We left our peaceful bubble in Sanur and headed to Bali’s cultural capital, Ubud. We found it impossible to resist the calls of the market touts and many a conversation went as follows: “How much for this?” “200,000 ruppee” “Too much, never mind” “Okay, 20,000?” Basically this was going from $20 to $2 in one fell swoop. That’s some easy bargaining and the result is that we bought a bunch of stuff. Maybe it wasn’t the greatest idea to fill our backpacks in the first week, but I’d like to see you try to resist.
We had to find a diversion from the markets. What better than hundreds of playful monkeys? Approaching the Ubud monkey sanctuary you start to notice that the offerings that grace every doorstep have been tampered with. In fact they’ve been completely foraged; all signs of rice and fruit have vanished. The monkeys have no respect for sanctity.
Once you enter the park you are surrounded. If your’re carrying bananas, you’re only chance of survival is to drop them and run, lest you want to be covered from head to toe in hungry monkeys. We saw this happen to several people and it was rather frightening. In one of Ubud’s freak downpours (of which there were several during our stay) we huddled with a group of monkeys under and overhang. This seemed to displease them and one in particular decided to show us his teeth, which we at first mistook for a smile. We won’t be making that mistake again.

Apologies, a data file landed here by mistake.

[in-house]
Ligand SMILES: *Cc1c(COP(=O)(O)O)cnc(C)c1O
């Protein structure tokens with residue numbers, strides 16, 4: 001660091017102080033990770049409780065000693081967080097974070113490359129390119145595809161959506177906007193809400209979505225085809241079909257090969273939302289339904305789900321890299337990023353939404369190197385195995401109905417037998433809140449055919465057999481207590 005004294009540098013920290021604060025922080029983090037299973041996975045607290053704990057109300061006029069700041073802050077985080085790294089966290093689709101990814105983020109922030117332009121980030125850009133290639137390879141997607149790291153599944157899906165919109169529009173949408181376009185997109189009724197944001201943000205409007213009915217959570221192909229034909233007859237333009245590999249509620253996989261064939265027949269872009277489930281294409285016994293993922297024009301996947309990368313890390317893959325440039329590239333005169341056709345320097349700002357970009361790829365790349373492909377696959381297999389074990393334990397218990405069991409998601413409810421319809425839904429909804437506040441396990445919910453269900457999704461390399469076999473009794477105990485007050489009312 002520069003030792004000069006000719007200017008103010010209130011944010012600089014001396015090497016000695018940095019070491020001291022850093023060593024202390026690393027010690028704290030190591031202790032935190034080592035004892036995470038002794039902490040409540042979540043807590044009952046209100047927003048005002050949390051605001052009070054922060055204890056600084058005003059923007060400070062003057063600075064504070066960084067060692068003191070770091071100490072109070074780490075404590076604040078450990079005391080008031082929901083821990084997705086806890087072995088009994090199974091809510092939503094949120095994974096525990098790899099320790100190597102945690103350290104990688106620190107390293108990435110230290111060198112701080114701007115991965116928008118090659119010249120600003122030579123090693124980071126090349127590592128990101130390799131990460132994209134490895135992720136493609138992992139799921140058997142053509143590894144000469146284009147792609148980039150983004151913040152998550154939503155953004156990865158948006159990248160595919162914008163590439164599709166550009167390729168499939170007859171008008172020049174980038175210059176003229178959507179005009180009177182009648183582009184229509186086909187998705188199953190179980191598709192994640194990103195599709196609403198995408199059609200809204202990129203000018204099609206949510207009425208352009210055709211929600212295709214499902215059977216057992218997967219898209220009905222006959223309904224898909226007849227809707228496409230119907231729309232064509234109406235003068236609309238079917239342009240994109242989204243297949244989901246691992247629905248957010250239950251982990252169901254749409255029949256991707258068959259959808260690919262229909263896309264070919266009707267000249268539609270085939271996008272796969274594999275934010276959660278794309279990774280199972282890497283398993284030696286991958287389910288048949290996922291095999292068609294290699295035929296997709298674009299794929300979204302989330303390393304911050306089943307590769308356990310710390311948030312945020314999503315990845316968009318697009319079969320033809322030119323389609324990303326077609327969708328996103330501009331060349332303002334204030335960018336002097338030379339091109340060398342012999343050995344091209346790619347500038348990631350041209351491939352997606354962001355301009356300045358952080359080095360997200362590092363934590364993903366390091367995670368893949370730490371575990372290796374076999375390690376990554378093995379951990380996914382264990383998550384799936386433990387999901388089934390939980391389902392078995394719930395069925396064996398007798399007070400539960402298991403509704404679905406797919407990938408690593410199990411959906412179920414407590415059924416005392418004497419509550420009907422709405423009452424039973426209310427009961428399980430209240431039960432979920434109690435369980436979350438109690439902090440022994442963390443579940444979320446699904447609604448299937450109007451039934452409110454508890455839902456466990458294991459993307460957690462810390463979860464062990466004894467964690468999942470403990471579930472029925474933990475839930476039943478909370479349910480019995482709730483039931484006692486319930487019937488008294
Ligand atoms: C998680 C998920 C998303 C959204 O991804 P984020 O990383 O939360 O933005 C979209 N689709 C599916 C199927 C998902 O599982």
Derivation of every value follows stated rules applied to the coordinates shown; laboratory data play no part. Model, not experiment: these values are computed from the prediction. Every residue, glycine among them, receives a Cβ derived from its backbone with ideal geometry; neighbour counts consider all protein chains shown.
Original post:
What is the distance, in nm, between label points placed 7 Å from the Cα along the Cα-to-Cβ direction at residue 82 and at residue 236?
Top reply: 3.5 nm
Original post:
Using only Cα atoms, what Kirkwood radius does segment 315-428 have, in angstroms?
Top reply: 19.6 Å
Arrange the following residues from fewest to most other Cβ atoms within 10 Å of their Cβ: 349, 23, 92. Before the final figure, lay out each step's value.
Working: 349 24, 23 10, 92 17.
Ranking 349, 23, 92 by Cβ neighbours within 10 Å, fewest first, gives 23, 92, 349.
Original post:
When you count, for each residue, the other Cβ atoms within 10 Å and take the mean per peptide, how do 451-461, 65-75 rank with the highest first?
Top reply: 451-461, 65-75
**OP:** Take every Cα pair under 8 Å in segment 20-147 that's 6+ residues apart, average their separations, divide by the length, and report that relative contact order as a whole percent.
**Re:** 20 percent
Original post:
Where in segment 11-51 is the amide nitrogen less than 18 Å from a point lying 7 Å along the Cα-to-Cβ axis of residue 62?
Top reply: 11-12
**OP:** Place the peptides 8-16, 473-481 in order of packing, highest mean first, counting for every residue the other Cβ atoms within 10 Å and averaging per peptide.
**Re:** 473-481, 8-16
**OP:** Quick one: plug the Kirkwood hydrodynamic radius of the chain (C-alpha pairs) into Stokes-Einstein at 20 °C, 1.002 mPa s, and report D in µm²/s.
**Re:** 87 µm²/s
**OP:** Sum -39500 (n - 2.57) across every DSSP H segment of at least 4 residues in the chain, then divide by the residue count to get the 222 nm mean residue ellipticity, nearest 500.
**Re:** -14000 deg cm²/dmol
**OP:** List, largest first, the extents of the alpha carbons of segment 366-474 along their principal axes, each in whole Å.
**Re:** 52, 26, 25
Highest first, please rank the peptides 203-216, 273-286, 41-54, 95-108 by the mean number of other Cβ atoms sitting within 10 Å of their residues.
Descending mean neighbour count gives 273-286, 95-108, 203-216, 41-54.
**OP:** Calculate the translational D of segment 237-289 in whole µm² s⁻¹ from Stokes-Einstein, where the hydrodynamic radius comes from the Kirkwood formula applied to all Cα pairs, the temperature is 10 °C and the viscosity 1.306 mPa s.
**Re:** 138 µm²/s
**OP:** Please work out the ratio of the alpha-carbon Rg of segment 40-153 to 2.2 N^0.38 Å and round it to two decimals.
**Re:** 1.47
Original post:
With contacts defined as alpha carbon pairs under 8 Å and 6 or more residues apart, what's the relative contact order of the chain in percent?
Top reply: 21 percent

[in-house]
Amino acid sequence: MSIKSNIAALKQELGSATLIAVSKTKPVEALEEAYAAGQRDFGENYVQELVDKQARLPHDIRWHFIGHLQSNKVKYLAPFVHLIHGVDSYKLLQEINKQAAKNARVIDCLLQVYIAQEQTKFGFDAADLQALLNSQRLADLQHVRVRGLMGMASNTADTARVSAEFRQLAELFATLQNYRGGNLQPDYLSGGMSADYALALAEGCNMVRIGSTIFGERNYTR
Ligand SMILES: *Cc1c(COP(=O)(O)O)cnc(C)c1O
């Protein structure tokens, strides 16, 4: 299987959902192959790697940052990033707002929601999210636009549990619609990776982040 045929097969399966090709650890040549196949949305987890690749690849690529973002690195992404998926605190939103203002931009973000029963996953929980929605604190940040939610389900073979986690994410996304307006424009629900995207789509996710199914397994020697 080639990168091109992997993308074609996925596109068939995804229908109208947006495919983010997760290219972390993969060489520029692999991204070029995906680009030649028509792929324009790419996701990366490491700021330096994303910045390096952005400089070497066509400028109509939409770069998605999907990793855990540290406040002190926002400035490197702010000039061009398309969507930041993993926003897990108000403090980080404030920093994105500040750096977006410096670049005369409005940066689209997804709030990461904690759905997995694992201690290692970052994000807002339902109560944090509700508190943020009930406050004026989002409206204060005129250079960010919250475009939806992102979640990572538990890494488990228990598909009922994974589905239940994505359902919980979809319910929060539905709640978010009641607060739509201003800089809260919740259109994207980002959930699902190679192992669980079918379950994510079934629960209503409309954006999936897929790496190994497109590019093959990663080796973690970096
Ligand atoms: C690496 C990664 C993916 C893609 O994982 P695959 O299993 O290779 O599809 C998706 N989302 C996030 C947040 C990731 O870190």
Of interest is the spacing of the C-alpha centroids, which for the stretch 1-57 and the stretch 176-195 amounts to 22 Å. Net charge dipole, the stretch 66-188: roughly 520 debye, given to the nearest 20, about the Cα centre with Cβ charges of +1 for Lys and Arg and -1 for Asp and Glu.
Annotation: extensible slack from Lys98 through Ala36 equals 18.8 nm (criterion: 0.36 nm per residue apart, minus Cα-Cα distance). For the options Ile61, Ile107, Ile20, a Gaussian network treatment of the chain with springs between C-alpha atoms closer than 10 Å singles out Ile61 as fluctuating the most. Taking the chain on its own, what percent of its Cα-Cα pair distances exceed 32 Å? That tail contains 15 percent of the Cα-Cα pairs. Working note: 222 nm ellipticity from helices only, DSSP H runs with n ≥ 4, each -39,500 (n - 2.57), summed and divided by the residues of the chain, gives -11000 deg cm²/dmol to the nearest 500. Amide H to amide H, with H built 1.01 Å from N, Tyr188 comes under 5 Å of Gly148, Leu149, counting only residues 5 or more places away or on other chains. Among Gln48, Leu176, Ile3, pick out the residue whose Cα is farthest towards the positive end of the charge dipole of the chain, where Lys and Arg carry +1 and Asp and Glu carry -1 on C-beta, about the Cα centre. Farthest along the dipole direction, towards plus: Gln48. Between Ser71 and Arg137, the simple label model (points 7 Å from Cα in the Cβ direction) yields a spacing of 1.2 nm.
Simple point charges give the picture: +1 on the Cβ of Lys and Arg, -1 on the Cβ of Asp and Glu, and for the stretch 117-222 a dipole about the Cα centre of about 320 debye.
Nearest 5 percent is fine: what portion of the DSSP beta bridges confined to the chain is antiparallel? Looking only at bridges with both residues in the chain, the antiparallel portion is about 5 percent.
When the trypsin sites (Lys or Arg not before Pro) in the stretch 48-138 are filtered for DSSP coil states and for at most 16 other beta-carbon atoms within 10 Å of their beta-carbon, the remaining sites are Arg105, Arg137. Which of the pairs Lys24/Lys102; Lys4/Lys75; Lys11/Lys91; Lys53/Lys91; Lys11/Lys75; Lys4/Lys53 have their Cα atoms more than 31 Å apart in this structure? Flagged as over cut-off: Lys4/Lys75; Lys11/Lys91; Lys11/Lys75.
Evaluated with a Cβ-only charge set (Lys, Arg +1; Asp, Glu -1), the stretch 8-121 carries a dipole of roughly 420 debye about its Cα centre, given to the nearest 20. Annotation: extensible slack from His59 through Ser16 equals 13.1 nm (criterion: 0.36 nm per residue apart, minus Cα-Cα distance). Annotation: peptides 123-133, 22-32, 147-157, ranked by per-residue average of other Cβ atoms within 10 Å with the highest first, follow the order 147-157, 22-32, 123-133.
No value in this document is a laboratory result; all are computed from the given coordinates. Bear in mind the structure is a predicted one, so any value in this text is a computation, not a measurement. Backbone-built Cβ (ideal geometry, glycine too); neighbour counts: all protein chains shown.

The night’s festivities included a traditional Indonesian dance performance , followed by a man in a trance kicking hot coals at the audience, followed by another freak downpour. The latter left us stranded under another overhang. Cleverly, we found a giant piece of plastic to put over our heads and we inched along in the rain like some huge plastic caterpillar. Now that was a performance you could have sold tickets to.